Last Saturday our bulk tank broke.
The bulk tank is the piece of equipment that rapidly cools the milk after it comes out of the goats.
We’ve already repaired this tank twice, which is annoying in it’s own right, because it’s made in Eastern Europe and no one at the plant speaks English. Technical support is non-existent. (And believe me, we’ve tried, even going so far as to add an International Calling Plan to our phones and staying up until 2 a.m. to make a call). Side note, if you’re planning on opening a dairy of your own don’t get a Nieros Bulk Tank. On Monday the HVAC technician came out, correction, we paid for an HVAC technician to come out, to confirm that, indeed, the bulk tank was dead. Not mostly dead. Not nearly dead. 100 percent dead.
So yesterday we bought a new one. It’s shipping from the East Coast and will be here next week. And we got it for a bargain. $4,000. yay.
Over that same weekend our brand new tractor got a flat tire when we ran over a hay hook left in the field.
And then, today, while delivering cheese, our truck broke down. Our brand new (to us) truck. What happened you ask? Well. It’s a diesel truck. And it accidentally got filled with gasoline.
What sucks even more is it happened 1.5 hours from the farm. In the parking lot of the Edmonds PCC (where we deliver all our PCC orders to). The mongers had just finished congratulating us on our win at the Washington State Artisan Cheese Festival. (Queue Alanis Morisette’s ‘Isn’t it Ironic’ chorus).
In case you didn’t hear, two of our cheeses, Thai Garlic Chevre and Halloumi took third and second place for the People’s Choice Awards. That’s out of 18 different cheesemakers and 80 different cheeses. I still can’t believe our little creamery pulled it off. Hilariously enough the Halloumi almost didn’t happen. I had forgotten to grab the the cord for our griddle (which wasn’t in the same bag with the griddle, because, of course it wasn’t) so Matthew had to run out at the beginning of the event and scrounge something up. He ended up finding a George Foreman grill and I guess you could say it worked.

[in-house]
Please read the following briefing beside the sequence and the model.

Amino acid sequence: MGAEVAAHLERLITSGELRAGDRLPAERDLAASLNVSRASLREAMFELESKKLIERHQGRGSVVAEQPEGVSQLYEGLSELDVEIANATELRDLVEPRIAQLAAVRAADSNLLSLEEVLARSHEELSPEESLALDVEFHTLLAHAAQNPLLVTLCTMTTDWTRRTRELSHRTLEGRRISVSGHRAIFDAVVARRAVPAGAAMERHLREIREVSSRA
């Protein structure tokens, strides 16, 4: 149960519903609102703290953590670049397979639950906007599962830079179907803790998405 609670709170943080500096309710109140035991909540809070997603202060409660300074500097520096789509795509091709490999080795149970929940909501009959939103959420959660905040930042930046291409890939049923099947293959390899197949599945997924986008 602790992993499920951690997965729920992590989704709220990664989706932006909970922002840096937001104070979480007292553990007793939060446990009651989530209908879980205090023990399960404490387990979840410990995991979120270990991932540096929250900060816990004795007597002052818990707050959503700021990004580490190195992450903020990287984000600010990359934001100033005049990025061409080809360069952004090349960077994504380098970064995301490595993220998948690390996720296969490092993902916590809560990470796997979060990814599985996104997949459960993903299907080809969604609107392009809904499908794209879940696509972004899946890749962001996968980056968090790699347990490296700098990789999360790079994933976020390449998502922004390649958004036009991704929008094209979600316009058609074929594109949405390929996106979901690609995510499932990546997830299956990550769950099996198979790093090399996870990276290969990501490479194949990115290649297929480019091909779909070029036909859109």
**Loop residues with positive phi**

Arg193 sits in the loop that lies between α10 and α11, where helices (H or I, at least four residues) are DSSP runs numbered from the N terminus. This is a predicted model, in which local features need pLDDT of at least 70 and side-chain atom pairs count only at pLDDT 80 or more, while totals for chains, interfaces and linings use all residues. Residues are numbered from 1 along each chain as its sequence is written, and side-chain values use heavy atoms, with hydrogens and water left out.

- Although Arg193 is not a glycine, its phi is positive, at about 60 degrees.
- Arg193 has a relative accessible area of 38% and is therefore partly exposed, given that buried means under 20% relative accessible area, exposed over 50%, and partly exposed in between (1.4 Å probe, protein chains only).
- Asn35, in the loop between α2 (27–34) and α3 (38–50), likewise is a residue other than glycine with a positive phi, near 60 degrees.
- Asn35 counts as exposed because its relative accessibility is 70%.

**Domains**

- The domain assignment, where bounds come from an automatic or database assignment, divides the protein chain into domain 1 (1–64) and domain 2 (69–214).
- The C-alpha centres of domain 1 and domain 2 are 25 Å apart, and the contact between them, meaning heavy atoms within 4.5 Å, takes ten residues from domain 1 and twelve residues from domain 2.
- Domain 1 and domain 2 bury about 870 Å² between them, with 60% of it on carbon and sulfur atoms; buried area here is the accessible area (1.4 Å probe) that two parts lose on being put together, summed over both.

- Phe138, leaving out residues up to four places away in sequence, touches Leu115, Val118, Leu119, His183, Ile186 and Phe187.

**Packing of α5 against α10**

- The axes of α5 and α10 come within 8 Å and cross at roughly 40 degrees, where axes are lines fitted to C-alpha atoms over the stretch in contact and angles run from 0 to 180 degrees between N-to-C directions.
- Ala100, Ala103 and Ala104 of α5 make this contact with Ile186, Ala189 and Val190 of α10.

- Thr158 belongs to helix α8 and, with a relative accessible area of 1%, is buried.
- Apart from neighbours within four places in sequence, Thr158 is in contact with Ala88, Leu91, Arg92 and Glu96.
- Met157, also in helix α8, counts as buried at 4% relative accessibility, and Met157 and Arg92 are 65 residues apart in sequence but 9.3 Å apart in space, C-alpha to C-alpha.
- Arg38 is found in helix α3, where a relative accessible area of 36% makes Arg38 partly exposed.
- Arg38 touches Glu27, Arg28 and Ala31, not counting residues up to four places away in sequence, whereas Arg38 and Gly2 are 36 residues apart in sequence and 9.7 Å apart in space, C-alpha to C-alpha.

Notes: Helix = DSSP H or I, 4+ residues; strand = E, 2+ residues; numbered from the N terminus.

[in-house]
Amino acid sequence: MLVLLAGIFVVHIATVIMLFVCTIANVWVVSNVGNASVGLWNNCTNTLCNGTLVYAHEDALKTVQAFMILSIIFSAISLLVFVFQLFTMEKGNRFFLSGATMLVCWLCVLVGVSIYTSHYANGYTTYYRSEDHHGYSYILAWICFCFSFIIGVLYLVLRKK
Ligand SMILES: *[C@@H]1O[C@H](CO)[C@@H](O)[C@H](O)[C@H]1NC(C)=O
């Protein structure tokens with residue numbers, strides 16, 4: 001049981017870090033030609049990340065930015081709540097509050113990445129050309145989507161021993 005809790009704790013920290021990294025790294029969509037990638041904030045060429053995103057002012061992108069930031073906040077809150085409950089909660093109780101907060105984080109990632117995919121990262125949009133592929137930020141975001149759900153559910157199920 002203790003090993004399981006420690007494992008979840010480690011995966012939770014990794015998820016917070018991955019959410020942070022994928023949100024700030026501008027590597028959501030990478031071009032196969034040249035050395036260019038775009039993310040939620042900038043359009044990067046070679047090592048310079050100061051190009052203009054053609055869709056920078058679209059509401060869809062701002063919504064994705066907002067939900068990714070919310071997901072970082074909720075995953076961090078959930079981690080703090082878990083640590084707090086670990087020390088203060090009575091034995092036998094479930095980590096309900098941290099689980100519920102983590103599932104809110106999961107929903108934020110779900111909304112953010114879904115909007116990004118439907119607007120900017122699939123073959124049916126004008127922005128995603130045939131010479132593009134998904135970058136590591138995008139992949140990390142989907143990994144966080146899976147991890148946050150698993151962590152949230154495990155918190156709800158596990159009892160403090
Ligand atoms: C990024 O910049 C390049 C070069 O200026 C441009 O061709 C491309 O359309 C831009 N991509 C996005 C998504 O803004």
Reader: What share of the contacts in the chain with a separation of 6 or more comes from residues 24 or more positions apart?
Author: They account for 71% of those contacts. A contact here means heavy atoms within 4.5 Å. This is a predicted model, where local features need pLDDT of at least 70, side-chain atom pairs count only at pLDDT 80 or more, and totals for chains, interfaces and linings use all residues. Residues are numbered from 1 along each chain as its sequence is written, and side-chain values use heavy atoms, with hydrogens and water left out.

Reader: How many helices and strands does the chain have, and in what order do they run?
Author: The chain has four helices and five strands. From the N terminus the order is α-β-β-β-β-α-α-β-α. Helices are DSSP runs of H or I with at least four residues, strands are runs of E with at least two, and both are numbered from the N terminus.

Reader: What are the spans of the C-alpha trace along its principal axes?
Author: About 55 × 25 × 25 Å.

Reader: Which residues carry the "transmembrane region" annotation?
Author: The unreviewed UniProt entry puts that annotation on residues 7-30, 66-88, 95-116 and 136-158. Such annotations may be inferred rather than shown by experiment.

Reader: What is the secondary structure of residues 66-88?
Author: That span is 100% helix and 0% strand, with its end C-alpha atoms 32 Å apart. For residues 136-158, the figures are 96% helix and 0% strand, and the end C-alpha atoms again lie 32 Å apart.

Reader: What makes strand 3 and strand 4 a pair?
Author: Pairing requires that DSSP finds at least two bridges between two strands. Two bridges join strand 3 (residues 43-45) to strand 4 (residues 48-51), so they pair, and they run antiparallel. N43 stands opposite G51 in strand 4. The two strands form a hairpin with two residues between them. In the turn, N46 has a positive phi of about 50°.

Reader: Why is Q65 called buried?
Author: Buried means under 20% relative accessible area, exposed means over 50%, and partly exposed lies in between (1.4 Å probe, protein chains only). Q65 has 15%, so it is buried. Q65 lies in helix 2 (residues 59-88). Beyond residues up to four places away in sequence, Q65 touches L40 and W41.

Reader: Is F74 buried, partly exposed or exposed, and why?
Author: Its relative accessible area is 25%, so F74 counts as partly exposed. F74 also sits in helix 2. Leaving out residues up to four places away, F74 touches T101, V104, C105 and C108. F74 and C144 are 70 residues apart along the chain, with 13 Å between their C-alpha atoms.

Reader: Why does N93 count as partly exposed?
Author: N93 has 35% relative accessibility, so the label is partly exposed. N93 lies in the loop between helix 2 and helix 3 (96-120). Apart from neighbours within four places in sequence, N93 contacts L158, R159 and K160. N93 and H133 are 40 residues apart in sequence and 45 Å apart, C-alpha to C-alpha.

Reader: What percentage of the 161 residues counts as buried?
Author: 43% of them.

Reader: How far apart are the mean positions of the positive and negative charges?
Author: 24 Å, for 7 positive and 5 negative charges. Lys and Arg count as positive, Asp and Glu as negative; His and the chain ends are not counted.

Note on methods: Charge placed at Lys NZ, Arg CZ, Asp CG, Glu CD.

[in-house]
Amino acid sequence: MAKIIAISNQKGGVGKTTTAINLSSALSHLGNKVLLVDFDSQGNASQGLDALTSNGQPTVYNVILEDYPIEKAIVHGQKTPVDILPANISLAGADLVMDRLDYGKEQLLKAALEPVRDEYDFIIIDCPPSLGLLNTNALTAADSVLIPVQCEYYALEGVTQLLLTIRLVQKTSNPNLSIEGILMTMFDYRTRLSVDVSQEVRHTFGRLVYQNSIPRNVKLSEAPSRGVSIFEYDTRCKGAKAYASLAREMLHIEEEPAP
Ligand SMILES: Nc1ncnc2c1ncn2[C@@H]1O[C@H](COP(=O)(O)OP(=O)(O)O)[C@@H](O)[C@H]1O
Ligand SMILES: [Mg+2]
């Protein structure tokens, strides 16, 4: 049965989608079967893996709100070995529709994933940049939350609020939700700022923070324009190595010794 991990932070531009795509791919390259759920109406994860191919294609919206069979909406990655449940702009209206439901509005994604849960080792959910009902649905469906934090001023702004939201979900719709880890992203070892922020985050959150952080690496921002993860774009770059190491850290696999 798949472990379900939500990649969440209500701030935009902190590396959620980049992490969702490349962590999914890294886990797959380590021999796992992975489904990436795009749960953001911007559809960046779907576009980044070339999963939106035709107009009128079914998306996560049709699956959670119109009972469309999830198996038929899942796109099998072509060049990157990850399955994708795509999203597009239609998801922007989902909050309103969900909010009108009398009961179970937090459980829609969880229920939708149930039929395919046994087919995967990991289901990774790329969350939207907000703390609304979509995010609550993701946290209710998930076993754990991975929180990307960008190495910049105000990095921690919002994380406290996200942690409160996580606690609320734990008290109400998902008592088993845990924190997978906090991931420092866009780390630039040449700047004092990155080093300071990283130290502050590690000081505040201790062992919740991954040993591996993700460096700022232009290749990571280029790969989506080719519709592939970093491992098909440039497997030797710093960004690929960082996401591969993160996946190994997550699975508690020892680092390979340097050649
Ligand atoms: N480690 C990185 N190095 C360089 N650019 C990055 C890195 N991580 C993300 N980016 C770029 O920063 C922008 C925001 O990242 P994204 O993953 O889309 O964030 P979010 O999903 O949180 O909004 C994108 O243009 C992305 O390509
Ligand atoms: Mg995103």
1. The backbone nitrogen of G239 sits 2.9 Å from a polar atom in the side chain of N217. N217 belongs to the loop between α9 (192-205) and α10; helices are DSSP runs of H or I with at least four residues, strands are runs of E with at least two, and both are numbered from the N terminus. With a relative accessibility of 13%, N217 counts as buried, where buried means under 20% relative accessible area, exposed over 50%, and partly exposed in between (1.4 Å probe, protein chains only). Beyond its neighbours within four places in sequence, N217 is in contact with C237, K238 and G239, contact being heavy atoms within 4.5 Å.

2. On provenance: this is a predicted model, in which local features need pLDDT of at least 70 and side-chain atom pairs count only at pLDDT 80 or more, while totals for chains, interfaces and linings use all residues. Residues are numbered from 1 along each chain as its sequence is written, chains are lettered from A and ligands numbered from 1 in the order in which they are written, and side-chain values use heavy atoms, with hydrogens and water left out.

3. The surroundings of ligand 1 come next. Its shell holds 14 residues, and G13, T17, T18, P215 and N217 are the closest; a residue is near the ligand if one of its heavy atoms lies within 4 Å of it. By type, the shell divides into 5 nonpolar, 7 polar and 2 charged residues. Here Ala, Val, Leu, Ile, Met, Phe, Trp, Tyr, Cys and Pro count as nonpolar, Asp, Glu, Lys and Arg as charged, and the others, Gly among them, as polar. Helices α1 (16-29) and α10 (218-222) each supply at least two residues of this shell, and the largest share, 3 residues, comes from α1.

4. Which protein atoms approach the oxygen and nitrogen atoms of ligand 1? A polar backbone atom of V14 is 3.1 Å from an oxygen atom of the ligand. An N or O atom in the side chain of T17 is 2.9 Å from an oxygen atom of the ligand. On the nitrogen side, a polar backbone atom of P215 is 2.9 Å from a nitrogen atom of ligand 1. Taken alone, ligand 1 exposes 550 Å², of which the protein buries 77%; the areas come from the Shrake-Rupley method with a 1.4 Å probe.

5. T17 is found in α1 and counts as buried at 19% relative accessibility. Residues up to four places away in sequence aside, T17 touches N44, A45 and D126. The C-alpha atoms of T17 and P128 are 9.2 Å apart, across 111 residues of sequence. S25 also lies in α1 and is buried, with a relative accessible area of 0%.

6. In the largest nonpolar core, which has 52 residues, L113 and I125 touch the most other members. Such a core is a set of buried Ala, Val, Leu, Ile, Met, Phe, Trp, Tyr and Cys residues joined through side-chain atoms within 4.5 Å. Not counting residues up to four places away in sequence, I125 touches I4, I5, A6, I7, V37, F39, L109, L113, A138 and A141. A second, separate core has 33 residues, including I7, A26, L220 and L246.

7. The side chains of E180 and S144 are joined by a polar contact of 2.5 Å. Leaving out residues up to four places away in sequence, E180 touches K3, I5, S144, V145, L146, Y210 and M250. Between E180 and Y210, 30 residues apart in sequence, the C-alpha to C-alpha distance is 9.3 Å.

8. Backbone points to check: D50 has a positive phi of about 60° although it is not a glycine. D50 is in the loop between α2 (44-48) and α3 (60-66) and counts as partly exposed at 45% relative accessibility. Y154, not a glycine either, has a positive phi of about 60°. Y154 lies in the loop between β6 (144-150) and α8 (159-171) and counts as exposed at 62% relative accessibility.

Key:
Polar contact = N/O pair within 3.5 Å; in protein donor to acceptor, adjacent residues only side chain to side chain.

Adding insult to injury, all of this happened on the tail end of me being sick and on antibiotics for three weeks. I was jussssst starting to feel like myself again.
Are you noticing a trend?
Because I’m starting to.
It seems like something is always broken. Or frantic. Or lost. Or messy.
I honestly don’t know whether to laugh or cry.
Over the past couple days we have asked ourselves if this dairy is still our dream. Honestly and openly. Because if it’s not our dream anymore, then what the hell are we doing?
But it is. It’s still mine. And it’s still Matthew’s.
I’m positive at this point that we are both masochists.
Stupidly, and possibly to our detriment, we are hanging on to the idea that two, hard working, inspired people can make a living wage with a 60 head goat dairy.
We still believe, in spite of literally everything breaking around us, that this farm is where we’re supposed to be. We want to be successful, to not only prove that we can, but also to try and pave the way for other stupid souls to do it too. We have failed a lot in our quest to try and start a first generation goat dairy from the ground up. We’ve made more than our fair share of mistakes, possibly more than is necessary, definitely some that could have been avoided…but when it’s just you two making those decisions sometimes your brain fails you. From the animals, to the equipment, to the cheesemaking…everything on this farm has been an education.
The school of hard knocks.
Maybe someday we’ll write a book.
And we’ll call it, “How Not to Start a Goat Dairy.”
And everyone will buy it because it will be hilariously funny in the, can you believe what those people did, kind of way.
Because I say that to myself on an almost daily basis these days.
So I guess today I choose laughter.
Check back in tomorrow. I may be in a puddle of tears on the floor.